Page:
At Spartans Boxing Club, we have long championed the benefits of boxing for mental health. In previous blogs, we discussed the benefits of boxing for trauma, depression, and mental resilience. We have also reviewed studies examining the impact of exercise on general well-being, noting that boxing is one of the few modalities shown to benefit those recovering from mental health issues.
Just out is a recent study (Bozdarov, Jones, Daskalakis, and Husain, 2022) covering a review of research on boxing as an intervention for mental health. The author identified sixteen studies suitable for review, and in the following article, we will review the paper noting key findings.
The paper starts with a commentary on the benefits of exercise as an alternate treatment, especially for those who did not respond well to either therapy or pharmaceuticals. The paper notes that exercises involving breathing or High Intensity Interval Training (HIIT) are especially beneficial. The hypothesis is that boxing involves mindfulness and HIIT-based training, so it should be well suited to recovery from mental health issues. The author notes that the relationship between mental health and exercise is supported by a cross-sectional study of 1.2 million Americans conducted between 2011-2015, showing that those involved in physical exercise reduced the health burden by 20.1% (Chekroud, Gueorguieva, Zheutlin, et al., 2018).
The author decided on a scoping review as the most appropriate methodology for the study as there were too few papers to conduct a meta-analysis. The studies were strictly boxing, with other martial arts, such as Thai Boxing, excluded. Google Scholar, Medline and Psychinfo were used to source relevant studies. However, most sources identified for the review were rated as low-quality evidence.
The studies reviewed included qualitative, quasi-experimental, randomised control studies, case studies with pre-and-post measures, and mixed-method designs. Participants were from across the globe, New Zealand, Canada, China, the United States, Ireland and England. While the author identified 155 studies, 16 meet the stringent requirements for the review. 81% of the studies were journals, with the remainder reports and dissertations. 69% were with adults, 19% with youths and the remainder elderly with Parkinson’s 13%.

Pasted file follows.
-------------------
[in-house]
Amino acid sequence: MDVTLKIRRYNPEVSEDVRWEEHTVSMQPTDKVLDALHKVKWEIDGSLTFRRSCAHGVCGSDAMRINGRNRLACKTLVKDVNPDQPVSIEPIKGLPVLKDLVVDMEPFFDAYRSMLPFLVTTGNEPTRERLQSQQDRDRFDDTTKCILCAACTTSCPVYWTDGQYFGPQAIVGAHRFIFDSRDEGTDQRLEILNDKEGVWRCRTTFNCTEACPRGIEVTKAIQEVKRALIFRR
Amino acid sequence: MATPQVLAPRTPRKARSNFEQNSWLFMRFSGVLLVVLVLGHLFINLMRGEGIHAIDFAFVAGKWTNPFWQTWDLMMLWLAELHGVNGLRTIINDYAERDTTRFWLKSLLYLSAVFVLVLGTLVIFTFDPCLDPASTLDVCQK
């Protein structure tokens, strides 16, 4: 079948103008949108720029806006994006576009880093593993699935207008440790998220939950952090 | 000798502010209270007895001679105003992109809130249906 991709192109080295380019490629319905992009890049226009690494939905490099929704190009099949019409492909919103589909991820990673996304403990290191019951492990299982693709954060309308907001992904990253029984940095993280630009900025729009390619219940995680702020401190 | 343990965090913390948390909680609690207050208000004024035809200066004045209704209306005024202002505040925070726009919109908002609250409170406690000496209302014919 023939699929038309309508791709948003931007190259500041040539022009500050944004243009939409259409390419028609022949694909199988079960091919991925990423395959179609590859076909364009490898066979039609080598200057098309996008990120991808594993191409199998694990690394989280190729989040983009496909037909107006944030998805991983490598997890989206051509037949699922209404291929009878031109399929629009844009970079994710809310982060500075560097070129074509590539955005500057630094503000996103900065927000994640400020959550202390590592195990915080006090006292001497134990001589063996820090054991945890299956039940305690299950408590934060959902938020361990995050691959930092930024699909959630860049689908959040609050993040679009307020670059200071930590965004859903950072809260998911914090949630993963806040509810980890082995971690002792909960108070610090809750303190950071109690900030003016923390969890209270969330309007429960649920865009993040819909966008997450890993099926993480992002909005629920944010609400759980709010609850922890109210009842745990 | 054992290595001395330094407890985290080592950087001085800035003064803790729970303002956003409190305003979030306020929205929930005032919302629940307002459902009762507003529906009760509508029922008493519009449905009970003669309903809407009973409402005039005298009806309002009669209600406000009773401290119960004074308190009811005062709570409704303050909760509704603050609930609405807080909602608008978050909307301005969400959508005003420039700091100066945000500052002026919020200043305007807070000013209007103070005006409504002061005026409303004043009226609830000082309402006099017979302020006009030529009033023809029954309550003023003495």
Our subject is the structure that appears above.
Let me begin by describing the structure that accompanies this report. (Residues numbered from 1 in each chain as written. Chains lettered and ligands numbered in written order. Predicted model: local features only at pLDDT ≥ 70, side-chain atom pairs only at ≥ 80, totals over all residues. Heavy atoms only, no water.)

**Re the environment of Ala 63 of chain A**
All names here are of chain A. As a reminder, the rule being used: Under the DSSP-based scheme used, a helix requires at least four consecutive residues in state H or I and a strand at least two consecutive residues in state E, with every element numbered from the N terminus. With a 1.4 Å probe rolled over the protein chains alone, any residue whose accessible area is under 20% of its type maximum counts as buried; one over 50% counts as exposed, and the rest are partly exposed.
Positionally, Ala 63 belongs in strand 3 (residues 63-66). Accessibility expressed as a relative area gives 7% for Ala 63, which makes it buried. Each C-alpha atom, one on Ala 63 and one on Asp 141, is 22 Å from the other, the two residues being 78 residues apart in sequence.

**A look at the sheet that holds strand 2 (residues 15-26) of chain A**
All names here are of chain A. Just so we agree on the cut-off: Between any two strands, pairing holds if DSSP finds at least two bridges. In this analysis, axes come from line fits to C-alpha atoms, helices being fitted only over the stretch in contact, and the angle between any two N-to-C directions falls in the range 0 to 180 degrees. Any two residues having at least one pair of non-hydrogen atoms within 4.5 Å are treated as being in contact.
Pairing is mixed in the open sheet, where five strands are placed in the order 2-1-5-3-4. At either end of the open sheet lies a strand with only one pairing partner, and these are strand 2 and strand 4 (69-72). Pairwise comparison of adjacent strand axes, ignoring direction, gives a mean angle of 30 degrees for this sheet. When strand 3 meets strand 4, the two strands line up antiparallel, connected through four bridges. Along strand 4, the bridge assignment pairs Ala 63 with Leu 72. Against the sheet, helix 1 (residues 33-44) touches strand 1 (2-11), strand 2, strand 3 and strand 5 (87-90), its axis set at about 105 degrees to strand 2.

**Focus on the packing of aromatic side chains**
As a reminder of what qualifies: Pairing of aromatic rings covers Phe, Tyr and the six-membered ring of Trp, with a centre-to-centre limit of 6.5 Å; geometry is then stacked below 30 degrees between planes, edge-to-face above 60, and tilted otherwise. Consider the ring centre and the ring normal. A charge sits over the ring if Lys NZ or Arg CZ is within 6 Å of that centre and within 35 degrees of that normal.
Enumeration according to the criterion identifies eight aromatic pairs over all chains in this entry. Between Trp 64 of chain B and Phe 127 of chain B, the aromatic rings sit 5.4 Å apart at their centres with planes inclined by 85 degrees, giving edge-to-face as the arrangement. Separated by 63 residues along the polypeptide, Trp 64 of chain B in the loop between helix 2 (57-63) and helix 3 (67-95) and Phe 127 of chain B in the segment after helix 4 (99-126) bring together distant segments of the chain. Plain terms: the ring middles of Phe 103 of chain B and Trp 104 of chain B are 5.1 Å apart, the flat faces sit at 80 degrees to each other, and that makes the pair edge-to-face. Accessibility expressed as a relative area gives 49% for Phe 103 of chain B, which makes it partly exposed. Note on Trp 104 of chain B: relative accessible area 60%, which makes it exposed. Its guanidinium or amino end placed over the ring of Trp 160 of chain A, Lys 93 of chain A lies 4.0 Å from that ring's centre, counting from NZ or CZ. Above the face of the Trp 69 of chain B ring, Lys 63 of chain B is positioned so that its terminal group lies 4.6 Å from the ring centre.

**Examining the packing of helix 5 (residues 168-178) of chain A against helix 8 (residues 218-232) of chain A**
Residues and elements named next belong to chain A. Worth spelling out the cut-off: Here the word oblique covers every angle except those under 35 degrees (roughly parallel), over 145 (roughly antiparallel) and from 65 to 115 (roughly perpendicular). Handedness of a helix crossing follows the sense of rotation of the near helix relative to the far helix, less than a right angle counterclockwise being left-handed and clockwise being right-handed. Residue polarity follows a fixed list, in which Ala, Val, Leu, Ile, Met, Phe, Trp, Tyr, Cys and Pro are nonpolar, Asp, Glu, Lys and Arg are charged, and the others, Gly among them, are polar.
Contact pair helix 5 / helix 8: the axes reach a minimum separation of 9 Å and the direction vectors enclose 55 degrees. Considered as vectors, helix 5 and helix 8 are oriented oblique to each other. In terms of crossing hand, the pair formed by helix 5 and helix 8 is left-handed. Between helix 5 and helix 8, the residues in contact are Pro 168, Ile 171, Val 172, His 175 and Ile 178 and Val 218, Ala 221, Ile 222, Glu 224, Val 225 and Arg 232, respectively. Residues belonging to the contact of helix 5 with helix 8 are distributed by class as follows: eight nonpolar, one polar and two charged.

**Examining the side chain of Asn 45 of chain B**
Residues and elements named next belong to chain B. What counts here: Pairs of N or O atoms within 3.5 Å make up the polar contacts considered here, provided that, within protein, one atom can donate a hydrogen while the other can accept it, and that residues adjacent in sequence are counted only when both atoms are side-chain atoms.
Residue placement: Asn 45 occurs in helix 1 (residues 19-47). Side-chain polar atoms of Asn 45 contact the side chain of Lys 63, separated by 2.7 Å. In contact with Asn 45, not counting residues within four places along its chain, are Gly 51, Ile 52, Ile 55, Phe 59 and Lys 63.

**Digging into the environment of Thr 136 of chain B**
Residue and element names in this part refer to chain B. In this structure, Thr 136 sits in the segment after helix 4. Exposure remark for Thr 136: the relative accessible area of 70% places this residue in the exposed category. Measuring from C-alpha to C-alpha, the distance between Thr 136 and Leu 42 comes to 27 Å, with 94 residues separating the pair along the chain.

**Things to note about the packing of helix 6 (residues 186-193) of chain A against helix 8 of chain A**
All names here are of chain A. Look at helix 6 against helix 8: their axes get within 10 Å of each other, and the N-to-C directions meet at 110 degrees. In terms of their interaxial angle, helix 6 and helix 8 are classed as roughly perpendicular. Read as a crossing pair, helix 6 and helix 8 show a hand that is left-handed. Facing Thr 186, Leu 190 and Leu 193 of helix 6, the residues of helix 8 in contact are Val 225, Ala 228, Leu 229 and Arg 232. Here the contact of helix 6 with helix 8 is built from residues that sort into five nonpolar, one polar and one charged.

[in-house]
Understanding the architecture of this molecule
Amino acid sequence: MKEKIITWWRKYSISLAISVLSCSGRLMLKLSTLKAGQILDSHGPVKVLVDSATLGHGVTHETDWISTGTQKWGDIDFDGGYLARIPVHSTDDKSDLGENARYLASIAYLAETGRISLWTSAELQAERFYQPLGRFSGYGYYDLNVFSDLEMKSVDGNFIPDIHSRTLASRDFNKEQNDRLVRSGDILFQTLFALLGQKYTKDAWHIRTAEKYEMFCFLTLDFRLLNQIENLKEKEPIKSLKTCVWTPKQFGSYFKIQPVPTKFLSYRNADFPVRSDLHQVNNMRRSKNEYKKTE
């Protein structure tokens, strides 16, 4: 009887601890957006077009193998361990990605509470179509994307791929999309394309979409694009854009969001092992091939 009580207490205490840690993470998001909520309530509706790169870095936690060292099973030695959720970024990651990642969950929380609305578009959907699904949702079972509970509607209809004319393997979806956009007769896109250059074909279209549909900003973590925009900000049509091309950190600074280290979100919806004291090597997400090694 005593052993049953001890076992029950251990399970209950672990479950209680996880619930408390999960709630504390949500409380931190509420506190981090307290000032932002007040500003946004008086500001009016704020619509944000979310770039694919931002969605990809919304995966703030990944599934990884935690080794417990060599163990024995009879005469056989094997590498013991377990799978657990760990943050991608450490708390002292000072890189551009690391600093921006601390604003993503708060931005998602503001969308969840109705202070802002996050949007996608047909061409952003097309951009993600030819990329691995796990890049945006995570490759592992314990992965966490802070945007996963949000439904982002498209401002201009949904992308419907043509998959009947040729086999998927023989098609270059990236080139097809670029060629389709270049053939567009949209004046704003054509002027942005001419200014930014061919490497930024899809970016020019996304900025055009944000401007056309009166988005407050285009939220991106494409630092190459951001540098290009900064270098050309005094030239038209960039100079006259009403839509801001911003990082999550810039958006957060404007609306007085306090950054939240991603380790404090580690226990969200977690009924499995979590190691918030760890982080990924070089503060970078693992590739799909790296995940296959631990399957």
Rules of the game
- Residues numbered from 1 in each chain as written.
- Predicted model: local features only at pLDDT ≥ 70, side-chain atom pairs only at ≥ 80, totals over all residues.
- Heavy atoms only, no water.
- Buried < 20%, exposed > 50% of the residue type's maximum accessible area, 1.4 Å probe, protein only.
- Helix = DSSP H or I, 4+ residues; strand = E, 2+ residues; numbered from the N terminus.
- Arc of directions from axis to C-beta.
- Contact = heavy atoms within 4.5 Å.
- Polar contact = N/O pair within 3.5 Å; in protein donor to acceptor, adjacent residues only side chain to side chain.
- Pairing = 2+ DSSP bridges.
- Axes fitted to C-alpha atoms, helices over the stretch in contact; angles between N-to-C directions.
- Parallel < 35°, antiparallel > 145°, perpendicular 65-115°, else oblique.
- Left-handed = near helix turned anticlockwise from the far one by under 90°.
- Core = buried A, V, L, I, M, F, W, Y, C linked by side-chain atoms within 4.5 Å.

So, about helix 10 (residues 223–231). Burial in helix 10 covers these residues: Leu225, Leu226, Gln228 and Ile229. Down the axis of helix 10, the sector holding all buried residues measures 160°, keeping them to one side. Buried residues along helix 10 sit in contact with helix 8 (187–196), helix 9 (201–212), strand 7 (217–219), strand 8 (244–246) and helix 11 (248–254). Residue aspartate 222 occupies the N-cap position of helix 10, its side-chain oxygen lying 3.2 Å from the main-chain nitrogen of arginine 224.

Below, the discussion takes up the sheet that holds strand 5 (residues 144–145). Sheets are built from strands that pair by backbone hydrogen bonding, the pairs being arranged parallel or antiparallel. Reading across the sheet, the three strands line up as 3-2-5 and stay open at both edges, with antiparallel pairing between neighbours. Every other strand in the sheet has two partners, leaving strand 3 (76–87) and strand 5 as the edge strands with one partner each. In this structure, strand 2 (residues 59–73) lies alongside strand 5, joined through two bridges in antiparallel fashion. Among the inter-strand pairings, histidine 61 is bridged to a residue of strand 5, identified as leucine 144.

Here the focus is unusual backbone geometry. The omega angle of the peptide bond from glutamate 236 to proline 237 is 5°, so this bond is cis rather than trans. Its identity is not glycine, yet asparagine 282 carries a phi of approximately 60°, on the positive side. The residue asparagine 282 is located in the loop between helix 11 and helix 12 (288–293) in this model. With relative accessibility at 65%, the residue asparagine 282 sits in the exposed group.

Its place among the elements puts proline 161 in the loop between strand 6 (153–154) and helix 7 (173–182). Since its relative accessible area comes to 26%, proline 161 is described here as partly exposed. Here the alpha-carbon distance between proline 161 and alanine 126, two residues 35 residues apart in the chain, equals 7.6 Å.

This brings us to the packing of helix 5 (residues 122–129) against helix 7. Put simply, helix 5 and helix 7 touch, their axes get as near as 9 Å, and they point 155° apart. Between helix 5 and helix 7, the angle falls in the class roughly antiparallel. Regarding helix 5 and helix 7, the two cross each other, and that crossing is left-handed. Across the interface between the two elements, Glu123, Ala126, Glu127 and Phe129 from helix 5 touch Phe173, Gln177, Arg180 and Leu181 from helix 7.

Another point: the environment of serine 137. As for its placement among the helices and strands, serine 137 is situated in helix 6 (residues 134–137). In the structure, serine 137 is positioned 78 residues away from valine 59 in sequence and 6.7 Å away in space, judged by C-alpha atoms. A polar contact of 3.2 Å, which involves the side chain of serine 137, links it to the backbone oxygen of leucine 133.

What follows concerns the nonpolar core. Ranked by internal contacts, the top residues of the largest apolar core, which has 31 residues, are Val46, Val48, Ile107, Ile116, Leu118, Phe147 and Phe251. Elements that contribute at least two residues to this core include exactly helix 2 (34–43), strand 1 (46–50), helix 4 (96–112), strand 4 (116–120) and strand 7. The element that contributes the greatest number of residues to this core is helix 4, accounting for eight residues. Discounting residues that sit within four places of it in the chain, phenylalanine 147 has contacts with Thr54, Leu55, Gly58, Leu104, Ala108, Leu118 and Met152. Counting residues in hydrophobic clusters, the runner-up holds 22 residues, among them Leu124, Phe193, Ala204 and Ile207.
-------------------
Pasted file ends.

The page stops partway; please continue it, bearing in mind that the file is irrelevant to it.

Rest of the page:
The boxing intervention was non-contact. A few studies included cognitive training. Typical routines included shadow work, pads and heavy bags and most interventions were in group settings (88%).
The positive impacts of boxing were apparent in all studies. A summary of findings is below:
“ As it relates to mental health, the majority of articles collectively included results that boxing reduced stress, and improved mood, self-esteem and quality of life (94%). Studies showed significant improvement in overall mood, reduced substance use, improvement in self-esteem and confidence, perceived physical ability, performance in school, and overall well-being and mental health. With the use of measurement-based care, a few articles reported a statistically significant reduction in specific symptoms burden post boxing intervention. These included symptoms of depression as per PHQ9, BDI-II and CES-D; symptoms of anxiety as per STAI; negative symptoms of schizophrenia as per PANSS; and symptoms of PTSD as per PCL-5. In addition, there was a statistically significant decrease in mental health distress and psychological symptoms as per BSi-18 and improvement in quality of life as per PDQ-39, WHOQOL and HRQoL.” (pg. 9). Other benefits noted in the study include an outlet for aggression, escape from rumination and negative emotions. Adverse effects were minimal and unrelated to mental health issues (e.g. muscle skeletal). Most importantly, there was no violence transfer from the training to the community.
While a critical review of studies indicates low quality, the general findings are difficult to dispute. Moreover, the causal mechanism for why boxing appears to be so effective for treating mental health appears tied to the unique focus on technique (mindfulness) and HIIT. At the same time, punching a bag has cathartic effects, and boxing reduces body fat and positively impacts cardiovascular health, two areas known to be impacted by depression. Boxing organically increases community involvement and social support. Music increases the enjoyment factor of members. The positive impacts do not appear to be affected by gender. The article also concludes that an optimal dosage may be as little as two 45-minute classes over a week.
Over the past three months, we have covered an extensive review of the benefits of boxing and mental health. Indeed, further evidence of the same findings would seemingly add little to the conversation. The jury is no longer out, and the judgement is in-boxing is a well-documented and well-supported intervention for mental health and recovery from mental health issues.
- Bozdarov J, Jones BDM, Daskalakis ZJ, Husain MI. Boxing as an Intervention in Mental Health: A Scoping Review. American Journal of Lifestyle Medicine. 2022;0(0). doi:10.1177/15598276221124095
- Chekroud SR, Gueorguieva R, Zheutlin AB, et al. Association between physical exercise and mental health in 12 million individuals in the USA between 2011 and 2015: A cross-sectional study. Lancet Psychiatr. 2018;5(9):739-746. doi:10.1016/S2215-0366(18)30227-X